Merle Reskin Theatre production of “The Kid Who Ran for President,” opens Oct. 6.

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Just like college students are always asked about their future plans and careers, the big question for children is quite similar: what do you want to be when you grow up? With that, countless ideas pop into the young minds dreaming big but unsure of what the future holds. 12-year-old, Judson Moon, however, is turning his big dreams into a career in DePaul’s Merle Reskin Theatre production of “The Kid Who Ran for President,” opening this fall season on Oct. 6.

The production is inspired by Dan Gutman’s 1996 book from the same title. Taking place in 1999, Judson Moon plans to run in the next year’s election with his best friend by his side as his campaign manager

(Photos courtesy of DEPAUL THEATER SCHOOL)

(Photos courtesy of DEPAUL THEATER SCHOOL)

, and a beautiful blue-eyed, blonde classmate as his “First Babe.”

“’Kid Prez’ is about Judson Moon, who is convinced to run for president by his best friend, Lane Brainard. What starts out as a goof, quickly becomes very real for our young hero as he begins to navigate the complications of a campaign and then the White House,” said Ernest Nolan, the play’s director. “The show is filled with catchy rock songs and is filled with the heart and passion of an Aaron Sorkin script as well as the bite of The Daily Show,” said Ernie Nolan, the play’s director and DePaul Theatre graduate.

The 16-member cast has been rehearsing non-stop since August, meeting for 8 hours a day during the summer. As fall came around the schedule then changed to only evenings Monday through Thursday once classes began, with a 6-hour rehearsal each Sunday.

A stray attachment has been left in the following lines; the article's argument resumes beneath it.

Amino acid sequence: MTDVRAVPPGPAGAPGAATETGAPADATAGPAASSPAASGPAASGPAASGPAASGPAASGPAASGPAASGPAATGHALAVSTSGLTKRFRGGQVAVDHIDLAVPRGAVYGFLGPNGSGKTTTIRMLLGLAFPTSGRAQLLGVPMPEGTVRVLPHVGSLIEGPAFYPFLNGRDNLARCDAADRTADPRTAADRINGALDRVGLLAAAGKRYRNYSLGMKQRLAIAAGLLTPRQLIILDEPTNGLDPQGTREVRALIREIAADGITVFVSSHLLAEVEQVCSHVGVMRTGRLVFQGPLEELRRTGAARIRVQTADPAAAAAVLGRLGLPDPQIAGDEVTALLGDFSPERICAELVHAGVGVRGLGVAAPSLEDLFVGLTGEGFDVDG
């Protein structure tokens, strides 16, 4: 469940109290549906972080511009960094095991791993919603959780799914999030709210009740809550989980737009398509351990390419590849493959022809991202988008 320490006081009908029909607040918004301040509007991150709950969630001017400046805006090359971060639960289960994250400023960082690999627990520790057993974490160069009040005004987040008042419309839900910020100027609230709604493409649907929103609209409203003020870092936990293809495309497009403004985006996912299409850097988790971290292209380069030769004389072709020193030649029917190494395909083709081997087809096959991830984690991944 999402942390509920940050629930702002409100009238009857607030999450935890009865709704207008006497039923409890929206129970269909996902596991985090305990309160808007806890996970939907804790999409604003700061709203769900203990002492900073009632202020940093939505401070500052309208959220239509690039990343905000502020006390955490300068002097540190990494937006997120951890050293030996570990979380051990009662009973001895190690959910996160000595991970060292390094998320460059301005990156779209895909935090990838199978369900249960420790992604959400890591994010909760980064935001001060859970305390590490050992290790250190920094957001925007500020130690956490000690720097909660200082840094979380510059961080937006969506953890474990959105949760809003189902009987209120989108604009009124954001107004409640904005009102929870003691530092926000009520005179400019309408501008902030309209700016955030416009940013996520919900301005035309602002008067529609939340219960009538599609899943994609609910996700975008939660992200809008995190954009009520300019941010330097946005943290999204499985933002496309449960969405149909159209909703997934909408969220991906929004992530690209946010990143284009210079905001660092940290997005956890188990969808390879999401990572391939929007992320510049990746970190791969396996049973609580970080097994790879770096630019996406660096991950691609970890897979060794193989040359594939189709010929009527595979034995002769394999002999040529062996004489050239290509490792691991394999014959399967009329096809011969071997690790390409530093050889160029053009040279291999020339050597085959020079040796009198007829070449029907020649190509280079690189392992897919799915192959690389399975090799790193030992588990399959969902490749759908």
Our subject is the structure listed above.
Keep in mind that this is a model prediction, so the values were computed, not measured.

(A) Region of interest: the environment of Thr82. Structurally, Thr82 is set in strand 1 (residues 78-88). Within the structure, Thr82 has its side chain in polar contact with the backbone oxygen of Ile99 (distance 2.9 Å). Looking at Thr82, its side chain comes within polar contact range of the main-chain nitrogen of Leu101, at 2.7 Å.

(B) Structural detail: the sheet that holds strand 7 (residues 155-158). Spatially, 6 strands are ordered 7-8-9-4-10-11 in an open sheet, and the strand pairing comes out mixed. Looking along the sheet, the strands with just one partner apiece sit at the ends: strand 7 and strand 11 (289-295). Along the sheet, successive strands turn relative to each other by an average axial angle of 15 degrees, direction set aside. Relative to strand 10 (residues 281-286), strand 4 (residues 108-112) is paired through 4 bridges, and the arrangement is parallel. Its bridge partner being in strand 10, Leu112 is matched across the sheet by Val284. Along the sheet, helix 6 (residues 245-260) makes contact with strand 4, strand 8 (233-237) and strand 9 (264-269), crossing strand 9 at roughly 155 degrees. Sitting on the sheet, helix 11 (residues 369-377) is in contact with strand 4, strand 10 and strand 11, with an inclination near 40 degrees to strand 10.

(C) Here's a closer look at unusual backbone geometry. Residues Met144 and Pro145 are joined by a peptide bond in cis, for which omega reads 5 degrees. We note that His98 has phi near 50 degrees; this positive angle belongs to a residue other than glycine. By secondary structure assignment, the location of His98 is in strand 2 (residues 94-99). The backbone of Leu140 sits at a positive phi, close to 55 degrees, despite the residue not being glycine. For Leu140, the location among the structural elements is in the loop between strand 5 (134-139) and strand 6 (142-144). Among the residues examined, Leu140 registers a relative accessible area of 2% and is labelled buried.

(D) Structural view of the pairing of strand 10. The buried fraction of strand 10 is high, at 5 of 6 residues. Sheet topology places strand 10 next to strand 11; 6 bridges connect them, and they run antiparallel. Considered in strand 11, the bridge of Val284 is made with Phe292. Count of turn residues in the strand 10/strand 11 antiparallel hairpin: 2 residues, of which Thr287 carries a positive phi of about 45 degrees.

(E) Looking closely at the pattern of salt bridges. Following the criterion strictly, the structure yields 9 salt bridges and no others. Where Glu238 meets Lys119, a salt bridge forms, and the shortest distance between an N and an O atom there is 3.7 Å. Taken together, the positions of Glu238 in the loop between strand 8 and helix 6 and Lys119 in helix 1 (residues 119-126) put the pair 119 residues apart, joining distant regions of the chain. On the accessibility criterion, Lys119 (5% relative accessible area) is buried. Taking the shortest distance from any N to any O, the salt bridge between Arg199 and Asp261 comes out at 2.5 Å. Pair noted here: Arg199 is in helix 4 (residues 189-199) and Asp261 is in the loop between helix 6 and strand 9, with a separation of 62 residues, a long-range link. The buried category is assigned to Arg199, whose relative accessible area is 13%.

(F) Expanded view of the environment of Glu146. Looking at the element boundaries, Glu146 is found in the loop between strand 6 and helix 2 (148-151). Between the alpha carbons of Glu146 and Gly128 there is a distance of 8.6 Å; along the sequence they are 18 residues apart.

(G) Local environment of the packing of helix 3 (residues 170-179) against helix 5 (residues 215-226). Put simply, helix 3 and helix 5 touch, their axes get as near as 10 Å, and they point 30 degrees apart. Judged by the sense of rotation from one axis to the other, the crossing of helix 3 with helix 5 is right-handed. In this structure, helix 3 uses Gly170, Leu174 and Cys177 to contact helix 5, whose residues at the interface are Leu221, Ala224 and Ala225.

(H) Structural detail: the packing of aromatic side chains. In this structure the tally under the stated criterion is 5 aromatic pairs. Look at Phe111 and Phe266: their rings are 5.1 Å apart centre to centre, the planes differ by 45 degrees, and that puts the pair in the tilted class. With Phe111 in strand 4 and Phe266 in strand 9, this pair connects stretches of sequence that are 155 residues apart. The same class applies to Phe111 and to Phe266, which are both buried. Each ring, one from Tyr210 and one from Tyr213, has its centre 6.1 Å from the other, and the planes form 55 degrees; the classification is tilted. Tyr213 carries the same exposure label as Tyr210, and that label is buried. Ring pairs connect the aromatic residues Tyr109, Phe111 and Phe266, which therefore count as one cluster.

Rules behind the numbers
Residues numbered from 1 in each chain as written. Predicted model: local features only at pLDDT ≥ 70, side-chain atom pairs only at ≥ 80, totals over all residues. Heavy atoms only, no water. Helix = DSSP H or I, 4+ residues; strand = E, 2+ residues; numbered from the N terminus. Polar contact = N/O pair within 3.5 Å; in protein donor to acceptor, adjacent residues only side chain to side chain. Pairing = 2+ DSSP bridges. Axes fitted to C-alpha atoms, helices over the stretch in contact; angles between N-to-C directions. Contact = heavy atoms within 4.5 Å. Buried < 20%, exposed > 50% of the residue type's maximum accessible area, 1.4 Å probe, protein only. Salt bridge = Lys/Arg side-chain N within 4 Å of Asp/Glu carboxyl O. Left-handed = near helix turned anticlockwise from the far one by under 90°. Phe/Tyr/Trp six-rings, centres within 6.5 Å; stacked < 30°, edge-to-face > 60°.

With the controversy this year’s presidential election has caused around the country and even the world, our 12-year-old hero is coming to our rescue at just the right time.

“The high stakes of this current election have influenced the rehearsal room. The book was written in 1996, and the musical was created 8 years ago,” Nolan said. “A lot has changed. The country’s idea of the president has changed.”

While the events of this election could’ve very well seemed fictional over a year ago, the more than fictional play “The Kid Who Ran for President,” has drawn many connections with surprising real-life candidates of today.

“I think it’s been interesting to see the way people discuss each current presidential candidate as ‘unfit’ and have those same kinds of scenes in the play,” Nolan said.

“No one wants to do a piece that says ‘look, anyone can be president’ or ‘isn’t politics all a joke?’ Especially since we are introducing politics to young people.”

On the challenges that have been faced throughout the production, Nolan said, “It’s been an interesting equation to solve about the play.”

Out of the 20 years Ernie Nolan has been a theater director, he said he has never worked on a project quite like this one.

“I think doing a play about an election during the election is really the thing that has stood out during this process,” Nolan said. “Days before we started rehearsal, John Oliver did a segment about the book.”

And as the cast and crew prepare for their opening night this week at DePaul’s Theatre,

We were teaching the other night during the first debate. The cast will perform the show to young people on election day. I don’t know if I’ve ever worked on anything that has been so of the moment.”

“It was so exciting to work in the scene shop because I didn’t have much experience with power tools, steel, or wood. It was a really fun atmosphere to work in,” said Riley Coduto, a freshman member of the backstage crew, working with sets and props. “Everyone working on this production is amazing, from the director Ernie Nolan, to the technical directors to stage managers to actors, crew, and beyond.”